With hearty, homestyle flavours and
time-honoured ingredients as the pillars
of Coimbatoreʼs cuisine, itʼs no surprise
the food here expresses the cityʼs most
By MALAVIKA BHATTACHARYA
Also known as Koval, Coimbatore is part of western Tamil Nadu’s Kongunadu region, where native ingredients such as fresh turmeric, dried coconut, and local rice varieties define what’s on your plate. Check out these seven dishes that are a delicious blend of uniquely Kongunadu flavours and regional staples.
Ghee Roast Dosa
You know it’s going to be a good day when it begins with a fresh-off-the-griddle dosa, paper-thin and crisp as the summer sun. Bonus points if it’s doused in ghee and folded into a towering cone. Coimbatore’s menus are packed with roast dosa options: onion, potato masala, rava (semolina), and more. Whatever your pick,
scoop it up with tangy sambar, coconut chutney, and green coriander chutney. Try it at: Sree Annapoorna, an iconic eatery with several branches across the city.
Arisi Paruppu Sadam
A homestyle rice-and-lentil dish, this age-old recipe is a quick one-pot creation found in most homes, often served with rasam, pickles, papad, and curd. After a long day, a meal of rice and toor (pigeon pea) dal tempered with mustard seeds, onions, and garlic is like a warm hug in a bowl. Try it at: Pavizham Restaurant, known for its simple, hearty fare.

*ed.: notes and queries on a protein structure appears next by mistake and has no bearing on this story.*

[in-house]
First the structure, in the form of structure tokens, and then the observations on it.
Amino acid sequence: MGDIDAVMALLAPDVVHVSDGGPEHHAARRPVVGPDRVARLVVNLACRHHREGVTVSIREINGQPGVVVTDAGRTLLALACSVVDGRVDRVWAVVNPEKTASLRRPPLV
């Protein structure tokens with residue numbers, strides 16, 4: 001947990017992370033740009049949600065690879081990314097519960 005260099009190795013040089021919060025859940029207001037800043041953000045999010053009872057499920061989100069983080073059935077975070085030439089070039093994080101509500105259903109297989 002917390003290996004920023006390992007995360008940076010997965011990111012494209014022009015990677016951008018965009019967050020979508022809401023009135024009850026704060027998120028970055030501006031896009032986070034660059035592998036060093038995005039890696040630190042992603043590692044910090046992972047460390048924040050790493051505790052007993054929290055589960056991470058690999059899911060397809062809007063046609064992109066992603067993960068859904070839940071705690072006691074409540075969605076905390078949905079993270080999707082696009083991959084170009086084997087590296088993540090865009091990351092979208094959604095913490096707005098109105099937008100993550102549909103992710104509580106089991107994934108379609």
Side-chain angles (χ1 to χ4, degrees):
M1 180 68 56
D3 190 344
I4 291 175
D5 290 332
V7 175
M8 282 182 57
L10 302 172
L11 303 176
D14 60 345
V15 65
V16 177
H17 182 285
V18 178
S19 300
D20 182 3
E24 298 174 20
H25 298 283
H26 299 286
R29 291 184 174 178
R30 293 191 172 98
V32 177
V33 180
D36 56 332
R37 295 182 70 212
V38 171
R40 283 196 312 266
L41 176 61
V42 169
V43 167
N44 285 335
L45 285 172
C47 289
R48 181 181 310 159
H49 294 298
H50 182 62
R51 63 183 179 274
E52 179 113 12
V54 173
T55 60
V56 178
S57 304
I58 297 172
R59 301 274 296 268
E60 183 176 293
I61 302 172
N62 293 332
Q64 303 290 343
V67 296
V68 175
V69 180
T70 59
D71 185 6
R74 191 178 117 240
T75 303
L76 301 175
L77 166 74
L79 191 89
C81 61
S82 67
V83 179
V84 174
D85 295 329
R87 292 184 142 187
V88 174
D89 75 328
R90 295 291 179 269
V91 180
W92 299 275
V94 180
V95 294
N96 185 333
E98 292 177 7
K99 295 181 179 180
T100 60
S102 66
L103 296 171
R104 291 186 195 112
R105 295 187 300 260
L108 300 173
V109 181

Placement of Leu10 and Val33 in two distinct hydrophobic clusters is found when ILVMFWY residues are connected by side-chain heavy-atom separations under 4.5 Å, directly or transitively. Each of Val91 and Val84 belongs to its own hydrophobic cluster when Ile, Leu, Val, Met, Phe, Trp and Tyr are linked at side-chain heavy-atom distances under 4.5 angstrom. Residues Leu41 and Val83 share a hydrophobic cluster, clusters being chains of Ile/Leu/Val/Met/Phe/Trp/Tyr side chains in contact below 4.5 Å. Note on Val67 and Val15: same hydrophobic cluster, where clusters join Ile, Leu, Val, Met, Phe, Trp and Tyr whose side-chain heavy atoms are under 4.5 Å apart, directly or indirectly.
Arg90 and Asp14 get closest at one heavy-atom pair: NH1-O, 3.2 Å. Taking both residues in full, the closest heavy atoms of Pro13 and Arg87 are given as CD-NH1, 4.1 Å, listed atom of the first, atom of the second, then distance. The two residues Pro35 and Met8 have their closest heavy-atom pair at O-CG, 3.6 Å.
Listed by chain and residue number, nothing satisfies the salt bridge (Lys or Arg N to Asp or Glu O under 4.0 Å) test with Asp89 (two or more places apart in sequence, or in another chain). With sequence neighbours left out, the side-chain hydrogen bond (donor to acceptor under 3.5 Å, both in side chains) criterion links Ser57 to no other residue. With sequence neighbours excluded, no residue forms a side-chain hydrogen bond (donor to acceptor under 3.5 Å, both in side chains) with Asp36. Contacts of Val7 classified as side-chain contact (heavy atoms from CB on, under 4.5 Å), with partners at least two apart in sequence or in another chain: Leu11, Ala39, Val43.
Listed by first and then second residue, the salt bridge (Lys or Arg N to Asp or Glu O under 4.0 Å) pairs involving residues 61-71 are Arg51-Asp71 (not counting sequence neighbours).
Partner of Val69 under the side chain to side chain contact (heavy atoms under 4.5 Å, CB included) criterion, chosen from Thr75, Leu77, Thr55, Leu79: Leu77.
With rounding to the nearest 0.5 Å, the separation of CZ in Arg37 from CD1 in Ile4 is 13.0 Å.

A Kongunadu speciality from the town of Pallipalayam, this traditional dry chicken dish packs a punch. As is typical in Kongu cuisine, the meat is never marinated. The dish champions local ingredients. Chunks
of chicken are fried in minimal oil with shallots, garlic, chillies, and ribbons of coconut. Best paired with rice and rasam for a wholesome, snooze-inducing lunch. Try it at: Haribhavanam, known for serving Kongunadu cuisine.
Arguably, nothing rounds off a meal as perfectly as a silken payasam. Did you know that, traditionally, payasam was served at the beginning of a typical banana leaf meal? There are many varieties of this dessert—some flavoured with cardamom, others with crushed pistachios and crunchy vermicelli. The indulgent elaneer payasam features the star ingredient of Kongu cuisine—the coconut. ‘Elaneer’ means tender coconut water, and this payasam uses the coconut’s flesh and water
to create a wholly unique local delicacy. Try it at: Shree Aksshayam,
a fuss-free eatery in the city.
A tasty snack that’s ubiquitous across multiple South Indian states, paniyaram are steamed rice-and-lentil batter dumplings served at numerous street food stalls. Eaten as a light breakfast in the mornings or at teatime in the evenings, the pillowy rice balls are lightly crisp on the outside and are served with piquant chutneys. Available as savoury versions with veggies or as sweet, jaggery-flavoured treats.
Try it at: Sri Krishna Tiffin Room or the many street food vendors across the city.
Among Coimbatore’s many street foods, this unique dish holds immense nostalgia for locals. ‘Kaalan’ means mushroom, but that’s
just one element of this iconic snack—a mishmash of mushroom
and cabbage, deep fried and served in a saucy, tomato heavy gravy, topped with a garnish of chopped onions and grated carrot. It’s a hot and spicy delight! Try it at: Street food stalls offering kaalan appear each evening across the city.
Order a ‘white biryani’ in Coimbatore and you’ll be served a flavourful plate of pale-hued rice cooked with succulent pieces of mutton or chicken. Kovai’s Kongu-style vella biryani is the mild cousin of its fiery counterparts from other regions. This unique biryani stands apart for the minimal addition of spices and the use of local, short-grained seeraga samba rice, as opposed to long-grain rice used in other biryanis. Try it at: Valarmathi Mess, known for its varied offerings.
Related: London In Seven Dishes